Coach Dooley says his inspiration for wearing the pants came from watching "The Color Orange: The Condredge Holloway Story," which told the story of the first African-American starting quarterback in the SEC. It featured footage of former Tennessee coach Bill Battle wearing orange trousers.
"Holloway's coach, Bill Battle, would occasionally wore orange pants, but his game outfit of choice was an orange shirt with a tie and slacks of a more conservative color. His successor, Johnny Majors, wore orange polyester pants, a white polo-style shirt with orange collar, a white belt and white shoes to games during the first few years of his Tennessee career, which stretched from 1977-92, but opted for a suit for games later in his career.
"There's nothing better than old footage," Dooley said. "I just remember seeing the old footage of the coaches out there and they all had orange pants on. So I asked (team equipment manager Roger Frazier) if he could get a pair of orange pants. He didn't think I'd wear them. He thought I was wasting my money."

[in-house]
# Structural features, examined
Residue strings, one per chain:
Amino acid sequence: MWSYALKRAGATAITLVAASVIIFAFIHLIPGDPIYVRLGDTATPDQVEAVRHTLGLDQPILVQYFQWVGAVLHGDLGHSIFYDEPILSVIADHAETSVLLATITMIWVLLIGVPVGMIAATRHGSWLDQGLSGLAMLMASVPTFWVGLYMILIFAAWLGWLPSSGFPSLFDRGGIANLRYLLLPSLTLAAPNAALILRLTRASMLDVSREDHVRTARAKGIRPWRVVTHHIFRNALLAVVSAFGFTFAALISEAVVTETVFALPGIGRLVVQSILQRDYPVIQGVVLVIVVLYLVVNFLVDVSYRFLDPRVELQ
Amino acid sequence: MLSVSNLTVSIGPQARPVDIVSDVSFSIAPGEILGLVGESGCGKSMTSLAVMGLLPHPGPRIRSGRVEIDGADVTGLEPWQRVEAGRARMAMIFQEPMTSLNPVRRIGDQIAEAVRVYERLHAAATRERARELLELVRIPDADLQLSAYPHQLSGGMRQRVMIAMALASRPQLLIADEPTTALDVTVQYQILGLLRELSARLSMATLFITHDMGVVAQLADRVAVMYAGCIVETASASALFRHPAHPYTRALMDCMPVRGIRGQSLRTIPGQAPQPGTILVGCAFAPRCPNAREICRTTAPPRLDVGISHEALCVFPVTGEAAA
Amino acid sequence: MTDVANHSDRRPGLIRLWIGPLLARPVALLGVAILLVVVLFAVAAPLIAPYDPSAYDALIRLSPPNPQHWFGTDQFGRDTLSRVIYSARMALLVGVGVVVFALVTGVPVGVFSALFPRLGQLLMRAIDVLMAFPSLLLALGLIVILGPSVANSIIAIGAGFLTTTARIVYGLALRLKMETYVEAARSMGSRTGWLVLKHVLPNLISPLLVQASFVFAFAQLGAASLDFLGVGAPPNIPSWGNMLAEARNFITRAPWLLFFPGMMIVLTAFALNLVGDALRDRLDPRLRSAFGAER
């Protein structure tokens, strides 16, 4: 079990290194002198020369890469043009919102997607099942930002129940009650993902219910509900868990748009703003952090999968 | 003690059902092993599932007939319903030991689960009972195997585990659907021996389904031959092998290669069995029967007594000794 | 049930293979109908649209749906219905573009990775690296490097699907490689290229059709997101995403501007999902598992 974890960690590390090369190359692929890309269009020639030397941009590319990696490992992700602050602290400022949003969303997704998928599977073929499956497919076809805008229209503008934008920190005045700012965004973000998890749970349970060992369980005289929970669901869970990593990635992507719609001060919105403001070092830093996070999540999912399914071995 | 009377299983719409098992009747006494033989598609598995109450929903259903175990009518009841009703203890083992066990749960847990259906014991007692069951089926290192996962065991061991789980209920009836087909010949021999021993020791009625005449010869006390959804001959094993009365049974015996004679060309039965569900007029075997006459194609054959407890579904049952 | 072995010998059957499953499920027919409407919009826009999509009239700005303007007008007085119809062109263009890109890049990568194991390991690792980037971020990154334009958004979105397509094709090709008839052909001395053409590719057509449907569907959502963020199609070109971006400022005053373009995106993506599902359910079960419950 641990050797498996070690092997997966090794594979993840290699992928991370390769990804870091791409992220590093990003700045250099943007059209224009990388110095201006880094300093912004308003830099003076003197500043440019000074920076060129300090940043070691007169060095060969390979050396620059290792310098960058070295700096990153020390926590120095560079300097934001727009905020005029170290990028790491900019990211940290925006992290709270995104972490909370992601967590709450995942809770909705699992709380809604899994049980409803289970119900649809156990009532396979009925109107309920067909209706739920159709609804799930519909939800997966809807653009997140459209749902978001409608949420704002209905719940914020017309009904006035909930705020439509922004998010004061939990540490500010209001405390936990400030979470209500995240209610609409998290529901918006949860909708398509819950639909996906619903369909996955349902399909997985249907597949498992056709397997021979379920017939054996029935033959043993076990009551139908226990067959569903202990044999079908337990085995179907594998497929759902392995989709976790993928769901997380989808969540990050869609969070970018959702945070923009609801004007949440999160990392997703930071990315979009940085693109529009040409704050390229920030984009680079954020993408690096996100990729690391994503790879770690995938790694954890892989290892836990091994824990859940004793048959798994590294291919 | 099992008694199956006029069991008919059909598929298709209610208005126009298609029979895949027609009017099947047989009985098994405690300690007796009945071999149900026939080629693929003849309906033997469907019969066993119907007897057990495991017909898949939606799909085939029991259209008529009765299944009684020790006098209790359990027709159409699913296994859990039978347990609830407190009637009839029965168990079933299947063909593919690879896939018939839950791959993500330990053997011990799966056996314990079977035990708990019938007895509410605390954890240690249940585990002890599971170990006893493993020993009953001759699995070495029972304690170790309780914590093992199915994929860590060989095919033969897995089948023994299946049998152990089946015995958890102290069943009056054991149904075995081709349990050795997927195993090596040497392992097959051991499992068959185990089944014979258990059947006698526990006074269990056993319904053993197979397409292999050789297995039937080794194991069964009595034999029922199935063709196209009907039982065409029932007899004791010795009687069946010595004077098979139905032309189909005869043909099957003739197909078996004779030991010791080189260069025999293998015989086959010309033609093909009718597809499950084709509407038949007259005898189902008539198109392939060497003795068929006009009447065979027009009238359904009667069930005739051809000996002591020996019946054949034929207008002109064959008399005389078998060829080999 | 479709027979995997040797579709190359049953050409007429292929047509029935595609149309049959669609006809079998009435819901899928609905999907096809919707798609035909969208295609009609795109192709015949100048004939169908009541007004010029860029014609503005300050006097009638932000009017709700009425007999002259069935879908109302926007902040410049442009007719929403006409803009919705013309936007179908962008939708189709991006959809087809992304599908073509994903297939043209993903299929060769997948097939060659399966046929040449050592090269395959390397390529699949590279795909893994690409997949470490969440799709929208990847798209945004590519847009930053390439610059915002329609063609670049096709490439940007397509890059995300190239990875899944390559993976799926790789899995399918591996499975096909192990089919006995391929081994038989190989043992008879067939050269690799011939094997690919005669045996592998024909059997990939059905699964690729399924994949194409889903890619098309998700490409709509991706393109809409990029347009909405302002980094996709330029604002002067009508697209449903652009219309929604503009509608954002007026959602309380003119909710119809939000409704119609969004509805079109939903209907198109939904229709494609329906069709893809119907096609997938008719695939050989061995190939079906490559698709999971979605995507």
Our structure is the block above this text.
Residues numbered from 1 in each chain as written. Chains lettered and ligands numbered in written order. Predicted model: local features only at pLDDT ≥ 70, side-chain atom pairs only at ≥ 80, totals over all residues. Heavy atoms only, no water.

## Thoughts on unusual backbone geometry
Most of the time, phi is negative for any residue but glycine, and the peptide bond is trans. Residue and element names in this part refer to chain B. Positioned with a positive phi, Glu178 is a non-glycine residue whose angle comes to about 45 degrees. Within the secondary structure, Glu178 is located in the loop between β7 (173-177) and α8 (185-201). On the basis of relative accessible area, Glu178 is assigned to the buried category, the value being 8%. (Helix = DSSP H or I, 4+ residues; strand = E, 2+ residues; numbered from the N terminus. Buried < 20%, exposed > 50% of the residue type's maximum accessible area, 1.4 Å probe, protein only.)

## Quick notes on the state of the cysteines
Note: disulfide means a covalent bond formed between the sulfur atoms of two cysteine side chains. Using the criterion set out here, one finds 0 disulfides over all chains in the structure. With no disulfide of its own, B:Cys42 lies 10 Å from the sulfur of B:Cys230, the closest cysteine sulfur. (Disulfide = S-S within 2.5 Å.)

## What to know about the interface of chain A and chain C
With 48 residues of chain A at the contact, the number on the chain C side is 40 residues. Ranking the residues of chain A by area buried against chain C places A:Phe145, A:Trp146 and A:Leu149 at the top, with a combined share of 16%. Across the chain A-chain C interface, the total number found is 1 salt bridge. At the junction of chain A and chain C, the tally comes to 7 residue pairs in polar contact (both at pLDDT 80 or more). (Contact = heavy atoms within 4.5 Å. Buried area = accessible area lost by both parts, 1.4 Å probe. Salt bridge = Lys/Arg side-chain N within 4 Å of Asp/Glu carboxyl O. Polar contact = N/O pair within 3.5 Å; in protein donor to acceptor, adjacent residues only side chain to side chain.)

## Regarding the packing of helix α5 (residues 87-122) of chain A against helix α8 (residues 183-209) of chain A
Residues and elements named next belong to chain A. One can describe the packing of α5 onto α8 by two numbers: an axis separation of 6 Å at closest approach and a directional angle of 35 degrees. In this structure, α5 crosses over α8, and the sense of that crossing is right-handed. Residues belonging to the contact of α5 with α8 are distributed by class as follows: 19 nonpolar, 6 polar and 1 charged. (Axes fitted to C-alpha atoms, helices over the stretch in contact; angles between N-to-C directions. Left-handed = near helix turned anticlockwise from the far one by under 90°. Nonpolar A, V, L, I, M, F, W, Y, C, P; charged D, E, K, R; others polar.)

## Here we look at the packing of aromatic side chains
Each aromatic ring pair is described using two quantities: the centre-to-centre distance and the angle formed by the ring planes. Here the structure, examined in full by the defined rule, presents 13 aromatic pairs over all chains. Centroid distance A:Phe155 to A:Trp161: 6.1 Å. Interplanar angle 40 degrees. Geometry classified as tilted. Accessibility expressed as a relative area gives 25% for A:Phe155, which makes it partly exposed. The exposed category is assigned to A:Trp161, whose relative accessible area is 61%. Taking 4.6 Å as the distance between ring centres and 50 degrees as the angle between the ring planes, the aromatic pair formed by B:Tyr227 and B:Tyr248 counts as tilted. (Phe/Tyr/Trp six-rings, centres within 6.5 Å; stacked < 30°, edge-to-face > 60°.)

The Color Orange aired earlier this year on ESPN. It was produced by Chesney, who has a reputation of being an all-around college football
And on top of that, Chesney has also helped bolster the bottom line of Knoxville clothier John H. Daniel, who made the original pair of trousers for Dooley. The company sells versions of the pants ranging from $199 to $399, depending on the fabric used. (Apparently dying wool orange is a tricky business)
"Because all of the pants are custom made, the turn around on them is about three weeks. That means the Tennessee fans who ordered theirs immediately after the season opener will get their first chance to wear them at Neyland Stadium on Oct. 1, when the Vols (2-1) host Buffalo.
The company has taken so many orders, Taylor can't keep up with the number. Since receiving a mention during CBS's broadcast of the Tennessee-Florida game, orders have come in from as far away as California.
"I didn't know what to expect," Taylor said. "On game day when he first wore them, my phone was blowing up."
Who knew that Kenny Chesney and Derek Dooley would turn out to be helping out the economy?
(via The Houston Chronicle)